It is not surprising that all the characters in Plymouth Adventure spend a great deal of time impressing people with who they are. Van Johnson, in particular, greets everyone with a hearty handshake and an introduction: "I'm John, John Alden." Neither is it surprising that all the Pilgrims show a superhuman piety and fearlessness, that they are all cultured and very proper, acting more like their descendants than the hardy tinkers and tailors they were. For the producers of this movie were obviously concerned lest they shatter any primary school images. So they have handled the Pilgrims carefully. The only boorish character on Mayflower is the only non-Pilgrim, the captain (Spencer Tracy), who strides across his poop deck, cursing love and friendship in exaggerated tones, and carrying the whole burden of godlessness, until the others finally remake him into a good man.
Plymouth Adventure, based on an imaginative, fictional account of the Mayflower voyage, tacks on to history an affair between Dorothy Bradford (Gene Tierney) and the skipper. But the movie dehydrates the romance into one embrace, and then forces Mrs. Bradford into a quick suicide. Besides this, the screenplay only diverges from the accepted in its characterization of the captain, a figure not discussed in any of the records.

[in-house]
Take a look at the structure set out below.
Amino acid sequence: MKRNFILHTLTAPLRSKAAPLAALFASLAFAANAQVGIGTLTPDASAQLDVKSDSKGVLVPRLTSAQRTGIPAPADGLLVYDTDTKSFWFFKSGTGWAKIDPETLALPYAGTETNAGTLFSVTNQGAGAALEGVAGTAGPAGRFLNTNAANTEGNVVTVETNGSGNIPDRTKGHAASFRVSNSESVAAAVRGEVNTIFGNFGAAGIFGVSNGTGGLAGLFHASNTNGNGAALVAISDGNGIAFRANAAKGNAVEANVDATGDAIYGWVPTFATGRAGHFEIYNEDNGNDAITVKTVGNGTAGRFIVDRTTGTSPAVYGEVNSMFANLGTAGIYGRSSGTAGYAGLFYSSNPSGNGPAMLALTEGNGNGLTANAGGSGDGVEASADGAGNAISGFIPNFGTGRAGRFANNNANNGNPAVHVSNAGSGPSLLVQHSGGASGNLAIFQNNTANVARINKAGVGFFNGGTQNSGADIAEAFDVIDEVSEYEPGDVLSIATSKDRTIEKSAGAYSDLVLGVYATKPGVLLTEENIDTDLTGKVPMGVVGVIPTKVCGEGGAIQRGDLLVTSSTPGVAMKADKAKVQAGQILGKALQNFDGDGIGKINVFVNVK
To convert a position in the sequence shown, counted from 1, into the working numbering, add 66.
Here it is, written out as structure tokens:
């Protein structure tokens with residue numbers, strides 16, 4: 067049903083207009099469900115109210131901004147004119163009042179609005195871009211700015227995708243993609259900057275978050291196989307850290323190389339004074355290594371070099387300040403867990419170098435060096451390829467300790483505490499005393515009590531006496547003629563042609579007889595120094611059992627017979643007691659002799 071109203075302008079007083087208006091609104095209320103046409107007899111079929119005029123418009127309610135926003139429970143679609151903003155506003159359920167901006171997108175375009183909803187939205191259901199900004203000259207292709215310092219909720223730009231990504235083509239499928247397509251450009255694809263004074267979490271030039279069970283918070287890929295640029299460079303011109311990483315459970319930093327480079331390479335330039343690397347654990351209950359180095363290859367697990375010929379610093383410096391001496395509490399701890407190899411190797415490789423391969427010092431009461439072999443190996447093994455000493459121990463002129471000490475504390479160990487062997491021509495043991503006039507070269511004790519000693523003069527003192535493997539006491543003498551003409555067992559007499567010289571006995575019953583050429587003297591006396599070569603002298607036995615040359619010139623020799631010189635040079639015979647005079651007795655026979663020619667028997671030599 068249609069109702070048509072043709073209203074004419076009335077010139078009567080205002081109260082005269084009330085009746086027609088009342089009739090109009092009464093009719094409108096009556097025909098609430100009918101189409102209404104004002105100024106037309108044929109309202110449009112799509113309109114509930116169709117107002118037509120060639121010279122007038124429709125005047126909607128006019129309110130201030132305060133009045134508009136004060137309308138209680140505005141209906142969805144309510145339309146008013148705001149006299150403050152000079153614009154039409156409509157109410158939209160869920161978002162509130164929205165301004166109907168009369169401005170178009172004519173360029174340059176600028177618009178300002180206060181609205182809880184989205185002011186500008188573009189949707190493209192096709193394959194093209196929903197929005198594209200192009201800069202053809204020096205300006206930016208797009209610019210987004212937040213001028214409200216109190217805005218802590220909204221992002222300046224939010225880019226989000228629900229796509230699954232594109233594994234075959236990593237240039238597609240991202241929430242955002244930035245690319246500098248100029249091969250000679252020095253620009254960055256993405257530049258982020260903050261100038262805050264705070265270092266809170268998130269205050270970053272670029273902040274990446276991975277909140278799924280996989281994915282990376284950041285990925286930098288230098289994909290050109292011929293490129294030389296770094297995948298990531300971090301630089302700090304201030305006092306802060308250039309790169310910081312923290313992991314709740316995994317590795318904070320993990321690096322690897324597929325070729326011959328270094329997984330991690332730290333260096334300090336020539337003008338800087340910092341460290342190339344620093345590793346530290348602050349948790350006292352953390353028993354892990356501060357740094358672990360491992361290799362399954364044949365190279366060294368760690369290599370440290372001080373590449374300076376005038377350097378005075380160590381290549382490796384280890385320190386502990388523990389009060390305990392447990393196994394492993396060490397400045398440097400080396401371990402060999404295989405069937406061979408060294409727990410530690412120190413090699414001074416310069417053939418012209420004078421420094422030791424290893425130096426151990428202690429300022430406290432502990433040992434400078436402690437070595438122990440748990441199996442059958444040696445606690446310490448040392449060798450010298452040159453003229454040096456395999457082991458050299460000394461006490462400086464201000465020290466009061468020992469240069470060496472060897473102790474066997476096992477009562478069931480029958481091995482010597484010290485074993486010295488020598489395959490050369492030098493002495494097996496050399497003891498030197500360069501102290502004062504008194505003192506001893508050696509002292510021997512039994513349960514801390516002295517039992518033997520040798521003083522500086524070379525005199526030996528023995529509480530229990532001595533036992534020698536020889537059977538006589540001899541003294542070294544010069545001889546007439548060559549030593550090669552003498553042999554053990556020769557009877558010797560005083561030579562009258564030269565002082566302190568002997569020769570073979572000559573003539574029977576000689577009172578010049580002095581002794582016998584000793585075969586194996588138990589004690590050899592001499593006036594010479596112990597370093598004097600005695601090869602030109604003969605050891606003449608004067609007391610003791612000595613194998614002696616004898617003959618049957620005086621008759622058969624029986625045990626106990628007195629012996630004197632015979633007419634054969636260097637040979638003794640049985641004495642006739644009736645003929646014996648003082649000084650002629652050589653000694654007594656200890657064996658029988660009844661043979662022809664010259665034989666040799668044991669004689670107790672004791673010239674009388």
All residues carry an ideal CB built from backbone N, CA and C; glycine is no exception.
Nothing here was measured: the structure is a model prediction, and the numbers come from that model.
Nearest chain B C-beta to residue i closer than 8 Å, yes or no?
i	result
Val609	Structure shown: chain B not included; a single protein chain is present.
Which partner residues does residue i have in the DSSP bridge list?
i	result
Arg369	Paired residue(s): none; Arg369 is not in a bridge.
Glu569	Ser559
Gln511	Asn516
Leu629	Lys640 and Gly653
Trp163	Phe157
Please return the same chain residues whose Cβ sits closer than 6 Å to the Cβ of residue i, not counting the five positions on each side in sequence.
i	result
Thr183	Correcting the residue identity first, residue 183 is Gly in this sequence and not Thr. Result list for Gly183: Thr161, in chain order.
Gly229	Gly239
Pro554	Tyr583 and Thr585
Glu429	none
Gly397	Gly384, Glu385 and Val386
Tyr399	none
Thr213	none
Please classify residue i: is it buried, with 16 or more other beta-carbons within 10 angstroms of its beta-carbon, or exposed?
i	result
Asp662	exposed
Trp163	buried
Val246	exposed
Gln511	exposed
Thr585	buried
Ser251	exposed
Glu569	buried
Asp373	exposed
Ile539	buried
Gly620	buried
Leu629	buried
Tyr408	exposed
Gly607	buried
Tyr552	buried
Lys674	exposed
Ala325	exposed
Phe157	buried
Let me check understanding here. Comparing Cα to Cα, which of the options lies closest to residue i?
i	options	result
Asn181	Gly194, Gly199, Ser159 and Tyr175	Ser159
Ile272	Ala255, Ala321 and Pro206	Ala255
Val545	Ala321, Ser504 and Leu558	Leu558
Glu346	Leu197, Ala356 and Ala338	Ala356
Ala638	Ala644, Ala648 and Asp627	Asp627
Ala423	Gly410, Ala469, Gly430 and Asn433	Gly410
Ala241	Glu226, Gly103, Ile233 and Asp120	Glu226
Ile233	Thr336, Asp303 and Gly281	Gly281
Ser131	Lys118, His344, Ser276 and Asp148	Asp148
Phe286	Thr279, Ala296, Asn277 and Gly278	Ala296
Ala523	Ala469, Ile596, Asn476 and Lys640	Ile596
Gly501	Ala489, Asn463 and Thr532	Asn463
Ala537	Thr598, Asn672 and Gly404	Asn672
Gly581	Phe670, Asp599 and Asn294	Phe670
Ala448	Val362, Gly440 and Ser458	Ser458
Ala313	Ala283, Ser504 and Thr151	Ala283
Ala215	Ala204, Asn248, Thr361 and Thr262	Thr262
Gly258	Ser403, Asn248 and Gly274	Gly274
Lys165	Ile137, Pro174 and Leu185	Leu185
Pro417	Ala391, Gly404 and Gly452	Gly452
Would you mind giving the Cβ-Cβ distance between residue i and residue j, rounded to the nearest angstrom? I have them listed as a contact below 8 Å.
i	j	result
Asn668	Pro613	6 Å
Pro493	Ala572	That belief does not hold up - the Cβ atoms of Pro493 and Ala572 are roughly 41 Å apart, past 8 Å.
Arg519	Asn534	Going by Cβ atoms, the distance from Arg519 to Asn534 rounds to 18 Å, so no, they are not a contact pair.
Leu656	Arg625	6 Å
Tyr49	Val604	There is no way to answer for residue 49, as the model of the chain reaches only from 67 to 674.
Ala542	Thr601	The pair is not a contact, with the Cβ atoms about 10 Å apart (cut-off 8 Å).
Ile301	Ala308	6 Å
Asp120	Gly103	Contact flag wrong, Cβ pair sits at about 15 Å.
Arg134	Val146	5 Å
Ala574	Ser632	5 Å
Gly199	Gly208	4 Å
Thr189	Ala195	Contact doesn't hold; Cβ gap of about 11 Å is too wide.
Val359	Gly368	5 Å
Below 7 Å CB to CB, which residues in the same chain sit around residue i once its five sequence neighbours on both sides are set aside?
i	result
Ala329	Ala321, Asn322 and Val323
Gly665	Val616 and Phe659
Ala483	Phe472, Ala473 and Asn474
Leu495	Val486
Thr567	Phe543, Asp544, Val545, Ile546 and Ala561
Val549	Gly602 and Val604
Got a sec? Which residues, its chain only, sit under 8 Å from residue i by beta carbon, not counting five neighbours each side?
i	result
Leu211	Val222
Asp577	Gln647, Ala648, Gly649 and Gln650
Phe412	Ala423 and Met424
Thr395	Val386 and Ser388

For the most part, however, the film is dull, idealized history, stolidly performed. It should be valuable only to slow fifth graders who need their American history acted out for them.